Candace Parker stops to consider the idea. Her? Defensive player of the year?
The two-time most valuable player seems in awe of the concept.
"I think that might be above the two I got at home, honestly," Parker said Friday night after helping her team to a 93-85 overtime win against the Atlanta Dream. "Better late than never, I guess."
Halfway through her 13th season in the WNBA, Parker is making a case for her first defensive player of the year honor. After 17 points, nine rebounds and five assists in the victory Friday, Parker led the league in defensive rebounds. averaging 8.0 per game, and ranked second in total rebounds, averaging 9.4 per game. Only Sylvia Fowles (9.7) was ahead of Parker, although the Minnesota Lynx center has only appeared in seven games because of injury. Parker's defensive rebounding percentage (30.7%) is first in the league for players averaging more than 10 minutes, and her defensive rating is third among players averaging more than 28 minutes.
With Parker as their anchor, the Sparks (9-3) have won six in a row entering Sunday's game against the Dallas Wings.
"She's doing stuff in her 13th year that's (like) the Candace in Year 2 maybe," point guard Chelsea Gray said with a chuckle.
A pandemic-extended offseason helped Parker fine-tune her fitness before arriving in Florida for the WNBA's quarantined season. She was coming off an injury-plagued year during which she played in just 12 games and averaged career lows in points, rebounds and blocks per game.
Parker immediately looked invigorated when she returned to the court in July. Announcers commented on how "spry" she looked. The former No. 1 overall pick showed her signature versatility, flirting with the league's 10th triple-double with 11 points, 10 rebounds and nine assists in a blowout win over the Lynx on Aug. 9, but continued to emphasize that the Sparks needed to improve on defense.
On Friday, Parker scored the tying basket to force overtime, but was more thrilled with a charge she drew in the extra frame. After stepping in front of the Dream's Elizabeth Williams with the Sparks up by six points, Parker celebrated by flailing her arms and legs like an excited child. She always makes it a goal to draw at least one charge a year, she said. That one was the "turning point," Gray said, even though it didn't show up in the stat sheet.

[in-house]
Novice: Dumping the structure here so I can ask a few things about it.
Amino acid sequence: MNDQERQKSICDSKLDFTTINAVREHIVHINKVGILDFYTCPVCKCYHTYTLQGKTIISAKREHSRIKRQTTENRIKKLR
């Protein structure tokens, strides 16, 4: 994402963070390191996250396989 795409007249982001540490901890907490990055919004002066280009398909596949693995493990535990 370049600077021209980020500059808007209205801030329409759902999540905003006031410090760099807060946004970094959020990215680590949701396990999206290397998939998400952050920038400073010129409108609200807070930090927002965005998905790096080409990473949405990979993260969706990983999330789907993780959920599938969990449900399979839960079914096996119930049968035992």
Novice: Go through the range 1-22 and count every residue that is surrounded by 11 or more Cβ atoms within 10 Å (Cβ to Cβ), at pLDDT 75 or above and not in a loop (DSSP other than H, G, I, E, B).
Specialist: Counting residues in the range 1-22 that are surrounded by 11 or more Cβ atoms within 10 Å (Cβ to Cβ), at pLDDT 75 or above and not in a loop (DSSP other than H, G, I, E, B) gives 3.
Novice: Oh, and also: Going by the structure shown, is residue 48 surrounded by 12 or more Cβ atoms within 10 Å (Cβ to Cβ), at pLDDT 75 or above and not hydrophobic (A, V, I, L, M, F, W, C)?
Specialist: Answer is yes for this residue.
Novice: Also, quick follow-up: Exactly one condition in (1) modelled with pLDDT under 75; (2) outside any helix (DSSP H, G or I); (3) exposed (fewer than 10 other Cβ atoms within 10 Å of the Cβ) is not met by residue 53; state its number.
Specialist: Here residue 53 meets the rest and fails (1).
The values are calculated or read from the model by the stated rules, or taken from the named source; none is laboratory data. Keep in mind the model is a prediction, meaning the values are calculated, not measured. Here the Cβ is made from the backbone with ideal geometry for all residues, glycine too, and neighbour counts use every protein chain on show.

"What Candace is doing defensively this year cannot go unseen, unnoticed, and we can't not talk about it anymore," head coach Derek Fisher said. "She was a catalyst for us defensively late in that fourth quarter and in overtime. That's the difference between winning and losing. When your best players are leading by example, when it comes to those things, it lifts everybody else up to another level."
With Parker lurking in the post, the Sparks are second in the league in points allowed in the paint, trailing only first-place Seattle, and third in second-chance points allowed. The Sparks lead the league with 20 turnovers forced a game, which Fisher said affects the team's rebounding game because opponents get fewer opportunities to shoot. But when there are opportunities to rebound, Parker makes it a point to be there.
"In the words of Pat Summitt," Parker said, honoring her former college coach, "offense sells tickets, defense wins games, rebounding wins championships."
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